Impossible to keep your eyes off of, one of the most effective documentaries this year.
Let The Fire Burn
In Jason Osder’s bleak, infuriating documentary Let The Fire Burn there’s a feeling of amazement at what he and editor Nels Bangerter have achieved through their self-imposed limitations. The subject matter, a long battle between the City of Philadelphia and a radical urban group that eventually came to a tragic end, relies entirely on archival footage. The amount of footage Osder and Bangerter had to work with appears to be massive, and the fact that they have compiled something so cinematic and effective is an achievement.
The central event in Let The Fire Burn took place on May 13, 1985. After years of tension between MOVE, a communal group that rejected technology along with being described as a cult, and the city’s police force things came to a devastating end when the city dropped C4 explosives on MOVE headquarters. 11 people were killed, and the resulting fire destroyed over 60 surrounding homes. Osder uses footage of the city’s investigation after the incident, relying on testimonies from all of the major figures to provide context and backstory for everything leading up to the bombing. What emerges is a riveting document of a seemingly little-known tragedy in American history.
The footage of the investigation is combined with footage from other sources. The taped deposition of 13-year-old Michael Ward, one of the only survivors from the explosion, serves as the other major piece of footage used throughout the film. The multiple testimonies act as narration for newsreels, old documentaries, home videos, and other sources of video. As much as the investigation feels like it stays in the background, at times the footage will snap into the forefront. Most of these highlights come from former MOVE member Louise James, who angrily goes after the investigation committee for their questioning.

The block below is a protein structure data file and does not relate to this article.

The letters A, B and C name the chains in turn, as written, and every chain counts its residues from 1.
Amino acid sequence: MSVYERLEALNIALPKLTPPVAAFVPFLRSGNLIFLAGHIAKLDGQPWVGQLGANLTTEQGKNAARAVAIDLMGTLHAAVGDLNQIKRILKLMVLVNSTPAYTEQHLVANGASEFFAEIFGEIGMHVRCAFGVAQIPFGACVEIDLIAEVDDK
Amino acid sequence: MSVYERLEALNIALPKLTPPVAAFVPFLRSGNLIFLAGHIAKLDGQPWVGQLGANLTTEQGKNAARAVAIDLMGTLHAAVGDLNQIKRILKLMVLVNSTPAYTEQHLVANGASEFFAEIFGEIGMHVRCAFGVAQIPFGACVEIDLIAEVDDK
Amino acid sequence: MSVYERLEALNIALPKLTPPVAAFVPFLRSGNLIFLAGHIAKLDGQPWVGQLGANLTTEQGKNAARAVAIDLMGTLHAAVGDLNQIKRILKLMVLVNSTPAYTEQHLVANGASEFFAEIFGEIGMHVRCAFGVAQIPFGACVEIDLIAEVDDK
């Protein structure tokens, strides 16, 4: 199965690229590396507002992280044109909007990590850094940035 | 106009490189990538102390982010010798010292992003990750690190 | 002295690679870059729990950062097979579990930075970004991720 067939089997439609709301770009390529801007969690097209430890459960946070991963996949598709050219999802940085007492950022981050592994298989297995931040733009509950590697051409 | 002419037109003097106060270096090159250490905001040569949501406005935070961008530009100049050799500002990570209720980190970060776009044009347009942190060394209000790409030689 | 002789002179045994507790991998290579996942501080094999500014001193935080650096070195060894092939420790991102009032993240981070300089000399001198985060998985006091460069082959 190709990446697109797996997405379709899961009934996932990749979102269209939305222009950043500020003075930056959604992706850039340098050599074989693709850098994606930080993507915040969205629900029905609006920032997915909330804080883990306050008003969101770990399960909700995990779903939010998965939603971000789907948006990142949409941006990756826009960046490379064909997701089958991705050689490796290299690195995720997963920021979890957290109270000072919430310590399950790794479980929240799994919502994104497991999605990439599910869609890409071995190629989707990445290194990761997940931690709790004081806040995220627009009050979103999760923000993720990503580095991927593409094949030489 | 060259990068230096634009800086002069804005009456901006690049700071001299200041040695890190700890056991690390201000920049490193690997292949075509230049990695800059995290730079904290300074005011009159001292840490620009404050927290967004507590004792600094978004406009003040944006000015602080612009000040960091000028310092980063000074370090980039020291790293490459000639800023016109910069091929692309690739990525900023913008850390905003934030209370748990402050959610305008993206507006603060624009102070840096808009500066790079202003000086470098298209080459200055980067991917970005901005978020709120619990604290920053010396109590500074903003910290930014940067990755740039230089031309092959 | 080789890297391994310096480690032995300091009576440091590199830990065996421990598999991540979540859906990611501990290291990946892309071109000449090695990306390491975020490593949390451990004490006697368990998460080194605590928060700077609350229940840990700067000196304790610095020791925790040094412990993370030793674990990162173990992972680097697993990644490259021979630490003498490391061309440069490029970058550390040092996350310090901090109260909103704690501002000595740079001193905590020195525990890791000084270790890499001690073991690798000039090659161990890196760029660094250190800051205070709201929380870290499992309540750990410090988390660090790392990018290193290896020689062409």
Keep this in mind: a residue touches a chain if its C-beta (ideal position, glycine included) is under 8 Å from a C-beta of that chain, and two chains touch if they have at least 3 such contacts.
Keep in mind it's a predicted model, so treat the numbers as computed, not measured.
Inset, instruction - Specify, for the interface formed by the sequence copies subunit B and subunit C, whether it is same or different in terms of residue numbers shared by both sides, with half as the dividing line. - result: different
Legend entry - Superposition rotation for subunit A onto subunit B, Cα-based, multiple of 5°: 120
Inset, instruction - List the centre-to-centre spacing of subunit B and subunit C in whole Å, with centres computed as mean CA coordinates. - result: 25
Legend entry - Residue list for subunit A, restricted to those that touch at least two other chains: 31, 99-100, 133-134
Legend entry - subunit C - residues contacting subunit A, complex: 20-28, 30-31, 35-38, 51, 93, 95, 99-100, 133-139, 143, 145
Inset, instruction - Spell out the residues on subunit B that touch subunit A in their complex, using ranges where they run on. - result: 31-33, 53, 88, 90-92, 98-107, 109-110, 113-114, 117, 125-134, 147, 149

Moments like this are why Osder’s decision to forego any present-day footage was entirely appropriate. The timing of the commission’s investigation came shortly after the attack on MOVE, meaning emotions ran high during the questionings. This gives the film a level of immediacy that makes it feel in the present. The lack of public awareness (I admit that I had no knowledge of MOVE or what happened before watching) also helps create a larger emotional impact, and Osder’s use of such raw footage makes his film feel simultaneously retrospective and in the present.
And in a similarly contradictory sense, despite feeling so immediate, Let The Fire Burn is constantly making viewers aware of its place in history. The old video of the investigation, in all its fuzziness and datedness, getting stitched together with other low quality sources makes the film feel stitched together. The use of VHS tracking at different points throughout only enforce the feeling of someone splicing all this footage together. That, coupled with the fact that this is a lesser-known part of recent American history, make Let the Fire Burn a real-life found footage film.
Osder is thankfully level-headed about what happened, highlighting the tragedy of what happened while pointing out problems with both sides. Naturally the blame is placed higher on the city, but MOVE is shown to have its issues. Most notable is a scene from a documentary about the group, where scenes of the member’s children imply neglect and starvation. In the end, Let The Fire Burn powerfully shows a situation that was seemingly doomed to end in tragedy. Osder’s technique makes this a film that’s impossible to keep your eyes off of, and makes for one of the most effective documentaries to come out this year.